By Michele Ebersole, University of Hawaii, Hilo, HI, and Yoo Kyung Sung, University of New Mexico, Albuquerque, NM
This month, Michele and Yoo Kyung give their takes on rethinking cultural and physical borders in children’s literature to understand today’s global politics through history. They begin their series with Between Us and Abuela: A Family Story from the Border by Mitali Perkins and Sara Palecios.
MICHELE: I thoroughly enjoyed reading this story. The illustrations are pleasing and inviting for the reader. The written text is told straightforwardly and simply yet raises a complex issue while offering a genuine child-friendly solution.
The practice of giving gifts during a holiday season to a grandparent resonates with children universally. The difference in this story is that the grandchildren are on the U.S. side of the border and Abuela is on the Mexican side of the border and there are fences that keep them separated. Giving gifts in this particular setting becomes a challenge; especially for the young children who don’t understand the need for fences to separate people. They simply want to give their gifts to their grandmother. Young Maria is aware that her younger brother Juan’s card might not be able to fit through the fence and is disappointed to learn that she has to mail her grandmother the scarf she knitted when the border officers inform her “Sorry, we can’t let anything through the fence.” However, when Juan finds out that his homemade card can’t be given to Abuela through the fence, he is inconsolable, and Maria is determined to find a way to get his card to Abuela. She finds an innovative solution to helping her brother achieve his wish.
There are many powerful underlying messages in this simple story. The young character Maria uses creative thinking to find an innovative method for solving a problem. It shows us how we can push back or find ways around some of the rules and policies that may not make sense. It shows how we can challenge ourselves to find ways to meet our intended goals. I believe that this story sends the message that it is ok to do so when it doesn’t hurt or harm anyone. It shows that a child’s love and goodness can supersede border walls.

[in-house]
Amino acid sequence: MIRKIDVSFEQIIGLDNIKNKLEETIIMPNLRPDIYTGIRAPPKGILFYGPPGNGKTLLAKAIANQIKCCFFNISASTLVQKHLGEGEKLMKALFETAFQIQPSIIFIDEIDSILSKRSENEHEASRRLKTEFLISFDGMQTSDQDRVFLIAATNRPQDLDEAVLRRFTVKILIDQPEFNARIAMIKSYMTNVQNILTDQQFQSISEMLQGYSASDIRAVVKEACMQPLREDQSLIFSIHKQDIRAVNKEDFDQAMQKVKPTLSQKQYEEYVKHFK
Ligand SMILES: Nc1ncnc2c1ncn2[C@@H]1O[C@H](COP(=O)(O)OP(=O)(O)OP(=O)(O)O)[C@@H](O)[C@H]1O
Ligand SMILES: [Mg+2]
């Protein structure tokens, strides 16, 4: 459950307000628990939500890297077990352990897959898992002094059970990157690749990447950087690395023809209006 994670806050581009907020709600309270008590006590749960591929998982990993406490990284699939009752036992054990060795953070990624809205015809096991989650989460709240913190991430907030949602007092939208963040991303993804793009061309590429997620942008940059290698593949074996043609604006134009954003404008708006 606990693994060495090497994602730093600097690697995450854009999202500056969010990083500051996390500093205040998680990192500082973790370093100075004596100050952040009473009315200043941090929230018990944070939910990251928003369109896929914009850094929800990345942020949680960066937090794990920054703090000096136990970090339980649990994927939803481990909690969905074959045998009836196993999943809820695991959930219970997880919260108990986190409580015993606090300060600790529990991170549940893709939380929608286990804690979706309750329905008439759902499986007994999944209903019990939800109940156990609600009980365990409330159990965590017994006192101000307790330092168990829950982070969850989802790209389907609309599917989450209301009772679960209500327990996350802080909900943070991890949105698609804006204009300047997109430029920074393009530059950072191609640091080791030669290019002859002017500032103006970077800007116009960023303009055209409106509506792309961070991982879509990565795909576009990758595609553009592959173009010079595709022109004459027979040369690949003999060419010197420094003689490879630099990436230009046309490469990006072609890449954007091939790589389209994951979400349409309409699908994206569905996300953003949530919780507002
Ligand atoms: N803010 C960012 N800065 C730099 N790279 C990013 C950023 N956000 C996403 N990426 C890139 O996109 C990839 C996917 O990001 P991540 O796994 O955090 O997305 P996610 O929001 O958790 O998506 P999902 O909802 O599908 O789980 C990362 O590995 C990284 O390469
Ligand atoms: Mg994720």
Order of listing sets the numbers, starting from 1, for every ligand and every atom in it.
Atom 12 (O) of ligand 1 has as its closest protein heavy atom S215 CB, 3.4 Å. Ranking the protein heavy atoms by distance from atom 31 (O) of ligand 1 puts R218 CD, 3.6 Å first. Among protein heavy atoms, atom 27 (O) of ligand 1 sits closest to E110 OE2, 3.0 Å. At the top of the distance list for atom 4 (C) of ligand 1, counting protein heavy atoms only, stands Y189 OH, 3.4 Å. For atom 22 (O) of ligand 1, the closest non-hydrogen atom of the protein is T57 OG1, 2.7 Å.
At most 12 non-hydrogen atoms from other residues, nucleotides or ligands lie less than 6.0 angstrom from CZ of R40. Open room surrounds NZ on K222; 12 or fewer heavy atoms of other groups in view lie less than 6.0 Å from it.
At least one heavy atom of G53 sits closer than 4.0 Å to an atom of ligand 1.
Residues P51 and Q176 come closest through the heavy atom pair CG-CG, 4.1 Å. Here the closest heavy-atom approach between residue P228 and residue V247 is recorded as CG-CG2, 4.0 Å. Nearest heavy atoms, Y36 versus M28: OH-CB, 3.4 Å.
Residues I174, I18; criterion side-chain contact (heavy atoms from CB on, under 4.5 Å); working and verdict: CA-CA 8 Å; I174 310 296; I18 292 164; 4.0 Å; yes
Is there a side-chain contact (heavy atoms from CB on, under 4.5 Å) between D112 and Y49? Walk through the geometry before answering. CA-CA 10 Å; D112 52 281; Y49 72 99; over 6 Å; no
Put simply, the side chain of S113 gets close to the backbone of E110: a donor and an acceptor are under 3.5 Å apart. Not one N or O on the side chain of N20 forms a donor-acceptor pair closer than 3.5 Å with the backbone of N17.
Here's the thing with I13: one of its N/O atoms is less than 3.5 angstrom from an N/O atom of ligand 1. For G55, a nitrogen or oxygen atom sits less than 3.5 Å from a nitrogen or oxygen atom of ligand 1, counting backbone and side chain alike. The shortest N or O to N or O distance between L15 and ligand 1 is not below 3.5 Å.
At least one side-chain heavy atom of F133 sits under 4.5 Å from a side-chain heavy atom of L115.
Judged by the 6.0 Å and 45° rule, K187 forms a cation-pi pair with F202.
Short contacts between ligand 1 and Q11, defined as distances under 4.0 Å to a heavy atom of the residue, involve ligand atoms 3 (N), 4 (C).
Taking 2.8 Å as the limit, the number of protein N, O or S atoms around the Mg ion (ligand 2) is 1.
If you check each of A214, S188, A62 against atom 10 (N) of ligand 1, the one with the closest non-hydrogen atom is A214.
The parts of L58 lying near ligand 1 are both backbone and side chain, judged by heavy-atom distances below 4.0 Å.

YOO KYUNG: The book cover and the first living room page illustrate Maria’s family image. It is interesting to observe they have no other family pictures but a framed picture of Abuela. The story signals it is family time with a Christmas tree and the holiday wall decoration at the living room windows. A mother and Maria’s baby brother seem to make a happy family. Maria’s father figure is not available at her home space or her bus trip to Border Field State Park in San Diego. The wired border fence is endlessly standing through the ocean too. Until the end of the story that Juan’s gift flies to Mexico’s side, not a single seagull flies on Mexico side but staying on the San Diego side or standing on the fence. I find what Seagull symbolizes in the illustrations interesting.
Although the story depicts how Maria’s entire family is happy to see each other while the border fence is standing in the middle of the entire family, it is somewhat unrealistic how the story focuses on happiness not sad emotion that they haven’t seen each other for 5 years and finally they are allowed to see with the border fence standing. Emotive depictions could have been a little more realistic than simply happy. They cannot even hug each other, but the characters seem satisfied with the way they are limited to see each other and extremely controlled how long they can see each other and also they cannot share any gift. Although this story seems to convey a special family reunion during the holiday season, it mirrors so much of prison formality, meeting over a fence while 24-hour surveillance. I wish the story depicted sad reactions in this family reunion, especially as Maria’s mother and her Abuela haven’t met for years until now. It is good that Maria has a strong agency to do something when she wasn’t allowed to do anything for Abuela. I am grateful to learn about Las Posada and La Posada Sin Fronteras through this picturebook. The book sends an invitation to raise awareness of the enforcement zone between the primary and secondary border walls under the surveillance of Border Patrol officials.
Title: Between Us and Abuela: A Family Story from the Border
Author: Mitali Perkins
Illustrator: Sara Palecios
Publisher: Farrar, Straus and Giroux (BYR)
PubDate: September 10, 2019
Throughout August 2020, Michele and Yoo Kyung give their take on books for young people to rethink cultural and physical borders. Check back each Wednesday to follow the conversation!